So, then, also important is rotational speed. Fast motors can spin things more quickly than slow ones. But, again, one can change the rotational speed by using gearing. If you want to turn a crank more quickly, go for a higher gear.

What I think students meant by grunt, is the combination of these two. Multiply torque by rotation rate, and you get a measure of the power. That's the rate of supply of energy to a system. For an electric motor, torque decreases with rotation rate (the motor supplies greatest torque when it's spinning no-where) - so it's not immediately obvious how the product of the two will behave. Where is it maximum (i.e. at what rotation speed does an electric motor have most 'grunt'?) In practice, with an electric motor, there's a wide range of rotational speeds at which the motor can provide a decent power output. That means that electric motors often don't require a gearbox, whereas with a petrol driven motor, which has a fairly limited range of rotational speeds where they can provide appreciable torque, a gear box (that is, a selection of different gears)  is essential for many applications. Another major difference between petrol and electric motors is that petrol engines don't deliver any torque at all at low rpm (they stall), whereas an electric motor gives its maximum torque there. Hence the hybrid engine - use the electric motor at low speeds where the petrol engine is, basically, appalling; but switch to petrol at high speeds.

So, in my mind, grunt means power. At least, it does in New Zealand.








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Yesterday I was at a very interesting discussion on 'Open Access Publishing'. This could be a blog post in itself, but I'll keep this brief 1. Because Fabiana would be far better to do it, and 2. Because it's really just a lead-in to what I want to say about the l'Aquila earthquake and the ridiculous conviction of seven people (mostly scientists, including two physicists)  for manslaughter over these events.

The historical scientific journal system goes like this:

1. Author(s) writes an article and submits it to a journal. They get paid nothing for doing this.

2. Article gets sent on by an editor (who is usually paid nothing) to referees. Referees are paid nothing.

3. After to-ing and fro-ing between author, editor and referees, the article is (hopefully, from the author's point of view) accepted for publication.

4. Journal production staff (who are paid) turn it into a pretty-looking article and stick it on a website and charge vast quantities of money to libraries or individuals for access.

In short, the journals rake in the money at everyone else's expense. MOREOVER, the general public - that is, the taxpayers, who fund a large chunk of the scientific research that is done, can't afford to see it.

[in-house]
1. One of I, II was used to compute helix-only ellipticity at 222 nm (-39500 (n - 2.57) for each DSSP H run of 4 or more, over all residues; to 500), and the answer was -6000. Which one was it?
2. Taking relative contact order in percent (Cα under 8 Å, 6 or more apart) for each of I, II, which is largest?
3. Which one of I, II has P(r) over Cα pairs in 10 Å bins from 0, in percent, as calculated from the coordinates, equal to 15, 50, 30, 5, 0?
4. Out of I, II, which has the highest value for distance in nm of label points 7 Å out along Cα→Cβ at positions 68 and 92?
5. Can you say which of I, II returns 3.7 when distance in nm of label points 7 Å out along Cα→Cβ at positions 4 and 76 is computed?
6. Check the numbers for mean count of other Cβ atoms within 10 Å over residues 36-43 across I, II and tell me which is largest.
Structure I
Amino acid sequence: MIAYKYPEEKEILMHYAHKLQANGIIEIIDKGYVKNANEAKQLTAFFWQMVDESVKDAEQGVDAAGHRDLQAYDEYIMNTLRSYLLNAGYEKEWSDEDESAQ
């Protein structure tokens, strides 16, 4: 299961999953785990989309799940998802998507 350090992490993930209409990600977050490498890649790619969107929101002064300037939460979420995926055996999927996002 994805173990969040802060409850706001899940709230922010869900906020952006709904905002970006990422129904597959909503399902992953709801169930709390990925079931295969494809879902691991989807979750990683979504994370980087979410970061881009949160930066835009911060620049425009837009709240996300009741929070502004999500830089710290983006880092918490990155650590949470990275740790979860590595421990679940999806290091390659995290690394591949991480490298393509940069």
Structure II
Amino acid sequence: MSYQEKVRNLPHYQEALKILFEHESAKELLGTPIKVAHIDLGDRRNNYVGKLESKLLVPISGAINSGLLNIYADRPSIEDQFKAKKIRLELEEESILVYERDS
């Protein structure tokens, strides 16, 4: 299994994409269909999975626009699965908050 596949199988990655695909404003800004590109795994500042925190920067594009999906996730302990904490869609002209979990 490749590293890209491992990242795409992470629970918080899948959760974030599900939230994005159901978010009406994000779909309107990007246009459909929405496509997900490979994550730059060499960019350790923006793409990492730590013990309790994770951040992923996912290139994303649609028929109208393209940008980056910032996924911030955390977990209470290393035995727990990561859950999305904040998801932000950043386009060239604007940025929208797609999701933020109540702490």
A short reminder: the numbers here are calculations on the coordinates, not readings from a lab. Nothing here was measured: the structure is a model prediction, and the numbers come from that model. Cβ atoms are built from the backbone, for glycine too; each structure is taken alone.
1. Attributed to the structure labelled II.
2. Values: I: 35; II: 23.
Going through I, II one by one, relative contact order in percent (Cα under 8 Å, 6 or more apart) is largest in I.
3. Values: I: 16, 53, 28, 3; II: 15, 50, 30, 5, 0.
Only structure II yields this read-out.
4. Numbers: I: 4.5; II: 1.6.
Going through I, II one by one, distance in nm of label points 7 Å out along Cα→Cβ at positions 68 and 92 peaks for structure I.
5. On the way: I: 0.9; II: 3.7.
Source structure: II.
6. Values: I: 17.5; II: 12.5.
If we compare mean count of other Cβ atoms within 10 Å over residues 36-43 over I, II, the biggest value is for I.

The open access system, however, goes against this. Here, the author pays the cost of production, and the article is free for everyone.

There was a dissenting voice in the audience though. His argument ran something like this. I like the current system. It serves me well. As an author, I can get my work published for free. I don't care that it isn't available to the public, because the public don't understand it - it's targeted at other people in my discipline who can get access through university libraries.

Right, Dr Smith [not his real name], this is why you should care about public access and public understanding of science. Because it is a scientifically inept jury that has just convicted seven individuals of the manslaughter of 300 people over their role in the 2009 l'Aquila earthquake. It is a scientifically inept prosecution service that chose to pursue charges against these individuals. Governments throughout the world are not generally well populated with scientists and, moreover, they are elected by people who are not generally well educated in science. If we want to prevent the Italian insanity becoming more widespread (Fellow sci-blogger Michael Edmonds has already given another example from Russia), we need to make sure we address public understanding of science, and, part of this is public access to science and scientists.

Specifically on the l'Aquila case: the prosecution took the line that, while the seismologists didn't CAUSE the earthquake (I'm glad they got that bit right) they were over-reassuring in their statement of risk - along the lines of that a major earthquake was unlikely but not impossible.   But what can someone employed to talk about risk do? Based on the evidence they had, that was the conclusion they reached. What were they meant to say? Advise that the whole of Italy be evacuated permanently because of its earthquake risk? (And we might as well advise the end of civilization in Japan, NZ, California, Chile etc and tell all residents to find new homes elsewhere in the world). If they'd advised an evacuation, and then no large earthquake came, one would reckon that they'd now be being sued for loss of earnings to the local economy. It is ludicrous.

The inevitable outcome of this prosecution is now unfolding. Luciano Maiani, the head of the Serious Risks Commission in Italy (and former director of CERN) has resigned, saying it is impossible to work under such circumstances. The vice-president and emeritus president have also resigned. The quote from Prof Maiani (which I've taken from the BBC report on this) says that the situation is

 "... incompatible with running the commission's work in a calm and efficient manner and with its role of giving high level advice to the organs of the state,"

Quite. What this prosecution does is remove the willingness of scientists to advise governments - or anyone else -  on science. And that will set the world back decades.  Prof Gluckman (the NZ government's chief science adviser), are you listening? This needs an overwhelming response from the New Zealand science community.





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Currently, down in the depths of C-building, there's a master's student trying to carry out the Stern-Gerlach experiment. (and also here). This is one of the classic experiments in quantum mechanics - specifically demonstrating the quantisation of angular momentum.